London, 8 May 1875
My dear Theo,
Thanks for your last letter. How is the patient?1
I’d already heard from Pa
that she was ill, but I didn’t know that it was as bad as you said.2
Write to me about this soon, if you will. Yes, old boy, ‘what shall we say?’3
. and Mr Tersteeg
were here and left again last Saturday. In my opinion they went a little too often to the Crystal Palace and other places that didn’t concern them. It seems to me they could also have come and seen where I lived.
You ask about Anna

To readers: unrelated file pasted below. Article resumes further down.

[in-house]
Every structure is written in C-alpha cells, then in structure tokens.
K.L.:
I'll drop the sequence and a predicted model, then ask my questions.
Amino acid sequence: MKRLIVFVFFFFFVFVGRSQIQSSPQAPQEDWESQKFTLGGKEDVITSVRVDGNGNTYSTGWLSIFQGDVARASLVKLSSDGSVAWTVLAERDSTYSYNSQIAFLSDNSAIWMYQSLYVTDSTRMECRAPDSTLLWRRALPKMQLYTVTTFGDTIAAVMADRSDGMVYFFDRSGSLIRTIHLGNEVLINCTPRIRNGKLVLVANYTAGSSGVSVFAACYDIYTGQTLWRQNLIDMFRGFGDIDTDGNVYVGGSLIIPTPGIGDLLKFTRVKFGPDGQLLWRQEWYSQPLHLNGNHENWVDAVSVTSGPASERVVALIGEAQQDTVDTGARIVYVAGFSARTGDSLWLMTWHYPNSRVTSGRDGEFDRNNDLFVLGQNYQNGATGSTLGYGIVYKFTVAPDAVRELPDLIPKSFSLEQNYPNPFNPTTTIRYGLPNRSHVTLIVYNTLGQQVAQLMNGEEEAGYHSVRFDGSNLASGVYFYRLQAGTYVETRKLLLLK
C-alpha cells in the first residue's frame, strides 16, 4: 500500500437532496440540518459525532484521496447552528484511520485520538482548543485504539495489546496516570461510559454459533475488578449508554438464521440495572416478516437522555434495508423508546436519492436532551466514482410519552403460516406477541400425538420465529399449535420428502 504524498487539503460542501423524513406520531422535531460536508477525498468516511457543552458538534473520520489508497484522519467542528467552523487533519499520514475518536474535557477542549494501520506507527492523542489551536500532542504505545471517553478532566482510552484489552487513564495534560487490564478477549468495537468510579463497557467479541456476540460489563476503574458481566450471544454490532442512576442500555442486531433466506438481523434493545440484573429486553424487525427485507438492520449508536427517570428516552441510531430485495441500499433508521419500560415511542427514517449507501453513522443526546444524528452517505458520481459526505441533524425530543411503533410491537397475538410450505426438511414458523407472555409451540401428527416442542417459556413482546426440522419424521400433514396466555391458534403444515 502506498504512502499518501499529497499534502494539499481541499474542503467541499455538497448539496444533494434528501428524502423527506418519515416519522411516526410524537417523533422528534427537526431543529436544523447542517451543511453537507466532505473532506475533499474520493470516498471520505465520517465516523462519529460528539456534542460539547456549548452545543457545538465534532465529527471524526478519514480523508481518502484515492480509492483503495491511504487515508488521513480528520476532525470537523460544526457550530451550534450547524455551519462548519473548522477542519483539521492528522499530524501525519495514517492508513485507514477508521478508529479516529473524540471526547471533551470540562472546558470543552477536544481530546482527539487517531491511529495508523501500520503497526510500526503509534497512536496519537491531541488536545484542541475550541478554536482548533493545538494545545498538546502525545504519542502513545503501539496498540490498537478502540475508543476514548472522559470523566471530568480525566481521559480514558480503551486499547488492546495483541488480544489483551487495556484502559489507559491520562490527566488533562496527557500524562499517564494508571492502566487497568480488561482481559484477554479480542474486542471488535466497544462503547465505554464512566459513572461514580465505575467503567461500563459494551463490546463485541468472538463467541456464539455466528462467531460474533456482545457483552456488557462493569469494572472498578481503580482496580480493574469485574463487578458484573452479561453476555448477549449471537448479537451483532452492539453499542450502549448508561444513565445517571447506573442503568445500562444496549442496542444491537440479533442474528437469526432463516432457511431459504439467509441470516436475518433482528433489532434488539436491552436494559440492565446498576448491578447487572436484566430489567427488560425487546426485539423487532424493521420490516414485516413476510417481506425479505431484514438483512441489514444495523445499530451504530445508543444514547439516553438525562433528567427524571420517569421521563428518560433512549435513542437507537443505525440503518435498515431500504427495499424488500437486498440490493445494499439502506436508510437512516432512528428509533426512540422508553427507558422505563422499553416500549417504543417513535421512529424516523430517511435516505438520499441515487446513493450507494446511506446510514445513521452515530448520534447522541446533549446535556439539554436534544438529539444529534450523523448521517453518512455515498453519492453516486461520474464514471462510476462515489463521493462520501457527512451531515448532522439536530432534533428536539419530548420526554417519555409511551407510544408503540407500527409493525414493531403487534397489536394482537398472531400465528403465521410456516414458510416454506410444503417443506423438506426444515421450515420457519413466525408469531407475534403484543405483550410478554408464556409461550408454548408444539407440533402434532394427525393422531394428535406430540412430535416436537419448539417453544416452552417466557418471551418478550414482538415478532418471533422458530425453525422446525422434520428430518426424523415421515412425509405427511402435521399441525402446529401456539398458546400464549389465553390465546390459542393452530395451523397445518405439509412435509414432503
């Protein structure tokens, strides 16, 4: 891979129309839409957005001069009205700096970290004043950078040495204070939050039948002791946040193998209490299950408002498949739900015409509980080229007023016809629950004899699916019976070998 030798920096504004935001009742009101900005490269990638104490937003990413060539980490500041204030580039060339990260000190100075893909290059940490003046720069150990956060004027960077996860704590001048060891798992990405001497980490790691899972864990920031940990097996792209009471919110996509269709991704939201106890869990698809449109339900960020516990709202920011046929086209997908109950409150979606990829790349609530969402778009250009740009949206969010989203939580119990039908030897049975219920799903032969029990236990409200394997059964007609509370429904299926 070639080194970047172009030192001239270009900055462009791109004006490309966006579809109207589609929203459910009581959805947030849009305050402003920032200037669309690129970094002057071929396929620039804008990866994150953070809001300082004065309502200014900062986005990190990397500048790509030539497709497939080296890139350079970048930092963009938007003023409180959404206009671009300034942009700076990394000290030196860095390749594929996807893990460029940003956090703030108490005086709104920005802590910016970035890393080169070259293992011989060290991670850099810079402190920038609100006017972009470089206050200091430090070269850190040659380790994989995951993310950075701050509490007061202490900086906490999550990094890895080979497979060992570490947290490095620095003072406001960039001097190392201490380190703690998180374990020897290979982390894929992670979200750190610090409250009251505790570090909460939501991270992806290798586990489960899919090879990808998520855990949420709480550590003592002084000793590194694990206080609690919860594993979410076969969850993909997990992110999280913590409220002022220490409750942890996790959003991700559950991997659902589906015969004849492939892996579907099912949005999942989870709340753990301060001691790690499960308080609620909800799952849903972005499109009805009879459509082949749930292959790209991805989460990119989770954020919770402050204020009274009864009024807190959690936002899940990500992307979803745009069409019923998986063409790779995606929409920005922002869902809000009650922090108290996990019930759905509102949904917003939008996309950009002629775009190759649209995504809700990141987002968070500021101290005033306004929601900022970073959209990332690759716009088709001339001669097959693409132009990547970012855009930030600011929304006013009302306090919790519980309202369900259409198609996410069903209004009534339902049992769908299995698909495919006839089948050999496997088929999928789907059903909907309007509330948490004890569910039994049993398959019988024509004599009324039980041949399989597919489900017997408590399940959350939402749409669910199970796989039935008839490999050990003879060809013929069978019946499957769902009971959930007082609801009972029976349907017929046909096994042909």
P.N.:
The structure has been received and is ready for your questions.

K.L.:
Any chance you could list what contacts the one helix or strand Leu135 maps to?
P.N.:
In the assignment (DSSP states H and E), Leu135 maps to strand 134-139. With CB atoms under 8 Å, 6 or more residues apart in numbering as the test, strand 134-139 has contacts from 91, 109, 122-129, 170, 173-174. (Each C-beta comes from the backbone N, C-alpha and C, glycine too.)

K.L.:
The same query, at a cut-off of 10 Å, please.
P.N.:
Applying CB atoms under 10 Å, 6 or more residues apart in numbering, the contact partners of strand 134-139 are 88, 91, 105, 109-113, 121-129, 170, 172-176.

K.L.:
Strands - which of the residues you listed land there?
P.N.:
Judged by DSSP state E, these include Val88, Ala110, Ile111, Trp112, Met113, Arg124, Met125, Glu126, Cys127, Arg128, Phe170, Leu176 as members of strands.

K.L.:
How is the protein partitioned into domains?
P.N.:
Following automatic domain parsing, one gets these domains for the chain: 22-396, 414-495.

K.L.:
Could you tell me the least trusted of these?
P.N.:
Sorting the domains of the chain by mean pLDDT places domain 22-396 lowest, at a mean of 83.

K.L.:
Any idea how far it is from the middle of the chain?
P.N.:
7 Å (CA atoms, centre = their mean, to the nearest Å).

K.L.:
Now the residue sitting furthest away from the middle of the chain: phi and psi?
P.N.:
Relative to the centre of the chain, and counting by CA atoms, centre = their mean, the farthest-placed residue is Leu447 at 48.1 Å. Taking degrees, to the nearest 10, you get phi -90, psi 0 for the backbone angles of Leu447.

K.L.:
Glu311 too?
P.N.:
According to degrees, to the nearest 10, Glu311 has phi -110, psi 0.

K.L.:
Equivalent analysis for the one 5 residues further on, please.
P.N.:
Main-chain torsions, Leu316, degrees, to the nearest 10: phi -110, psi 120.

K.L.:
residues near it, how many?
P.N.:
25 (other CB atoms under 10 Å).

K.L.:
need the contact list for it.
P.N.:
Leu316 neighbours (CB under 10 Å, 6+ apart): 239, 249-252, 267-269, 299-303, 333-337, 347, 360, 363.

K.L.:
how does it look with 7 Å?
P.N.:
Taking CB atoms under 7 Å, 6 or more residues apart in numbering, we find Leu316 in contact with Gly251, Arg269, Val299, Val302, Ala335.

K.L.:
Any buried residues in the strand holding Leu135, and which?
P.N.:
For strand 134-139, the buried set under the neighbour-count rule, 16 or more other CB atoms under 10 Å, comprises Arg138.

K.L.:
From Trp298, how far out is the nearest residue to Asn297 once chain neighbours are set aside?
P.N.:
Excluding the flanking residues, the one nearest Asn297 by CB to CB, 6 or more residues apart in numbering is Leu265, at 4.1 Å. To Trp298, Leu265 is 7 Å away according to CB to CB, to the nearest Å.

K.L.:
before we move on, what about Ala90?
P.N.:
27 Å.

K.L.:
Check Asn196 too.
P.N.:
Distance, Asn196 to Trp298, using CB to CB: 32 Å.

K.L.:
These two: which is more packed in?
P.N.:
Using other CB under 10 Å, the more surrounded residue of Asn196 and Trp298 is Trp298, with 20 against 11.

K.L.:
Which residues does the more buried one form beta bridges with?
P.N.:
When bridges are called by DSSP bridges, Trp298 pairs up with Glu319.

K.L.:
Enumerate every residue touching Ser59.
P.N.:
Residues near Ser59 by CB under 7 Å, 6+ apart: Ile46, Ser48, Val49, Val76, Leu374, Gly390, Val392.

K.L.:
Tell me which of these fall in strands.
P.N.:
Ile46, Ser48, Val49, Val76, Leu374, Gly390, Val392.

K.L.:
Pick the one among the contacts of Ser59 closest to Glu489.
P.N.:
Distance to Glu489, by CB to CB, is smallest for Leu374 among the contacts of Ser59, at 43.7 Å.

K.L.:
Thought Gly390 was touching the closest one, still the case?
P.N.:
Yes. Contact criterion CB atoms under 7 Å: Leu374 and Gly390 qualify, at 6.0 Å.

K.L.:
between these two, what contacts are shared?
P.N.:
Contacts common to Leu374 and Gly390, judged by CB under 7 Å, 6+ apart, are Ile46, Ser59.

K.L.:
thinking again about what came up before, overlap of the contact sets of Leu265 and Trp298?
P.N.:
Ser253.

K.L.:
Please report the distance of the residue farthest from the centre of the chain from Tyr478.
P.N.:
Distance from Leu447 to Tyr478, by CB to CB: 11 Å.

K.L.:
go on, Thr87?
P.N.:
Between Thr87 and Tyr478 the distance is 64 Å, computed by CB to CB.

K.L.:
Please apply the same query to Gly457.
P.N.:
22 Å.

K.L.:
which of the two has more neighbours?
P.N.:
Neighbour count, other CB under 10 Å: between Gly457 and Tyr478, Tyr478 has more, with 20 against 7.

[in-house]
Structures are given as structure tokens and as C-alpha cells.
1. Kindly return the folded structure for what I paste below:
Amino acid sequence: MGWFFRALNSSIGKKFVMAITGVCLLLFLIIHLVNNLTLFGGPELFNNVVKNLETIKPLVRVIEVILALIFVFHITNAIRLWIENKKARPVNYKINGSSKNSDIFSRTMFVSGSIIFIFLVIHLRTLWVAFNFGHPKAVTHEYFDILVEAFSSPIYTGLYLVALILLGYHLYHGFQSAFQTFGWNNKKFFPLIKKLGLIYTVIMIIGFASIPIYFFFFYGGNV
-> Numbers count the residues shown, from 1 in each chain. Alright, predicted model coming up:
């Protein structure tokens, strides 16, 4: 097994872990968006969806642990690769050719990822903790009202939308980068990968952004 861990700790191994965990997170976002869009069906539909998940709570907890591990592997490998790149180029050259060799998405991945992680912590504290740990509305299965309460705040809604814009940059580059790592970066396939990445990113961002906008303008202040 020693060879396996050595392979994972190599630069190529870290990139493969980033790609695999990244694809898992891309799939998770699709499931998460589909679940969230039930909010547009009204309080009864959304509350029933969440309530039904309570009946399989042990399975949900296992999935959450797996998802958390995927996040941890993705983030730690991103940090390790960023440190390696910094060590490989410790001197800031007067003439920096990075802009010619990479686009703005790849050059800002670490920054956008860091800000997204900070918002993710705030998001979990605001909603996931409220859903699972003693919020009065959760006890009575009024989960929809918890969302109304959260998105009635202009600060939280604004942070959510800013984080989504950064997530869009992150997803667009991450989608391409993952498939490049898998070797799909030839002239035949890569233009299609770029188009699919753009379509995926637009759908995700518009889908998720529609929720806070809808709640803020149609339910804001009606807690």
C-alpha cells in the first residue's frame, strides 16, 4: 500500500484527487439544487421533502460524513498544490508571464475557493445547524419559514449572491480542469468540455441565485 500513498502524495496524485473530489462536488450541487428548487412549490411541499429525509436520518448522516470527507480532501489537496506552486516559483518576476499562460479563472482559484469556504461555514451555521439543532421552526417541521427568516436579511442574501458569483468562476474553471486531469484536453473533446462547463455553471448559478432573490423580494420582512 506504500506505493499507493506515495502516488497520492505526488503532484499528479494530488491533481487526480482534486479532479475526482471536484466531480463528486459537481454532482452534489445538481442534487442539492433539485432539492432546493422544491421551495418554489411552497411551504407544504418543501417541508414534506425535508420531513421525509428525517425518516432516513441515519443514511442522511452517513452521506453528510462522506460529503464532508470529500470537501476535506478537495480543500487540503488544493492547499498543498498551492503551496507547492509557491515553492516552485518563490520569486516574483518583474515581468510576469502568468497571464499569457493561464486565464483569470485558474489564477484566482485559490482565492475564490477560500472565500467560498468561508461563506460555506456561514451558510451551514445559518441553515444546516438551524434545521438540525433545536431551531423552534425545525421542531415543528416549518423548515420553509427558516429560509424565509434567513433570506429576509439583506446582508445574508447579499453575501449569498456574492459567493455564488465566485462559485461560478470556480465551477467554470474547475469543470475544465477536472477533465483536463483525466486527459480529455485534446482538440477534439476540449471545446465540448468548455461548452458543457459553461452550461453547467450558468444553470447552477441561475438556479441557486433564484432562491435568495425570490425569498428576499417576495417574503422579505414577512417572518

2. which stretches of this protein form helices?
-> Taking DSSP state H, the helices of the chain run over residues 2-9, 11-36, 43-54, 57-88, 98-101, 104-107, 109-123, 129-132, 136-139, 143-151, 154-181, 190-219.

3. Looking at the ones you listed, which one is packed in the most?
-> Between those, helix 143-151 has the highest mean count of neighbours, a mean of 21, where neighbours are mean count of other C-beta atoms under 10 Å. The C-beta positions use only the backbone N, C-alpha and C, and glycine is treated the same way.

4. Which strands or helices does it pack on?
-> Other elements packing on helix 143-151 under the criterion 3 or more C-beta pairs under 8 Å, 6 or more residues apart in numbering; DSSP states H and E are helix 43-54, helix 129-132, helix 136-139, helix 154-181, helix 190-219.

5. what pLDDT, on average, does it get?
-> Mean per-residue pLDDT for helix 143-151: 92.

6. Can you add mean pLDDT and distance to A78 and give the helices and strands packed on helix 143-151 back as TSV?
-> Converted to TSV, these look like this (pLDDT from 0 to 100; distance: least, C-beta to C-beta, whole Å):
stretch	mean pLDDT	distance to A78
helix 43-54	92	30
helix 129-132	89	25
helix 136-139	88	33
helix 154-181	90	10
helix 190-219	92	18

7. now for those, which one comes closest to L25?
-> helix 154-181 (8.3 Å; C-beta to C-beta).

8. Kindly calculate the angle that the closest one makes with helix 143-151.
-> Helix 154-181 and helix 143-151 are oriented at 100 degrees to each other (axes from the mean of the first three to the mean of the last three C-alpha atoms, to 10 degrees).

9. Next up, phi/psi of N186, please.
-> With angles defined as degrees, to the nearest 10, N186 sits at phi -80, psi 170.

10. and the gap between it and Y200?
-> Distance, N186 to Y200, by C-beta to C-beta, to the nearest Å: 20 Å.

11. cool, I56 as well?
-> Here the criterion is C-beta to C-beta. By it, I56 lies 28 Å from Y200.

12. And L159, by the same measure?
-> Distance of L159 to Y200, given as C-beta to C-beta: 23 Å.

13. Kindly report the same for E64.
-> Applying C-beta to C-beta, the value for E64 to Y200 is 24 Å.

, but we’ll discuss that another time.4
I hope and believe that I’m not what many think me to be at present, we’ll see, we have to give it time; people will probably say the same about you in a couple of years; at least if you continue to be what you are: my brother in two senses of the word.5
Regards, and my regards to the patient. With a handshake,
To act on the world one must die to oneself. The people that makes itself the missionary of a religious thought has no other country henceforth than that thought.
Man is not placed on the earth merely to be happy; nor is he placed here merely to be honest, he is here to accomplish great things through society, to arrive at nobleness, and to outgrow the vulgarity in which the existence of almost all individuals drags on.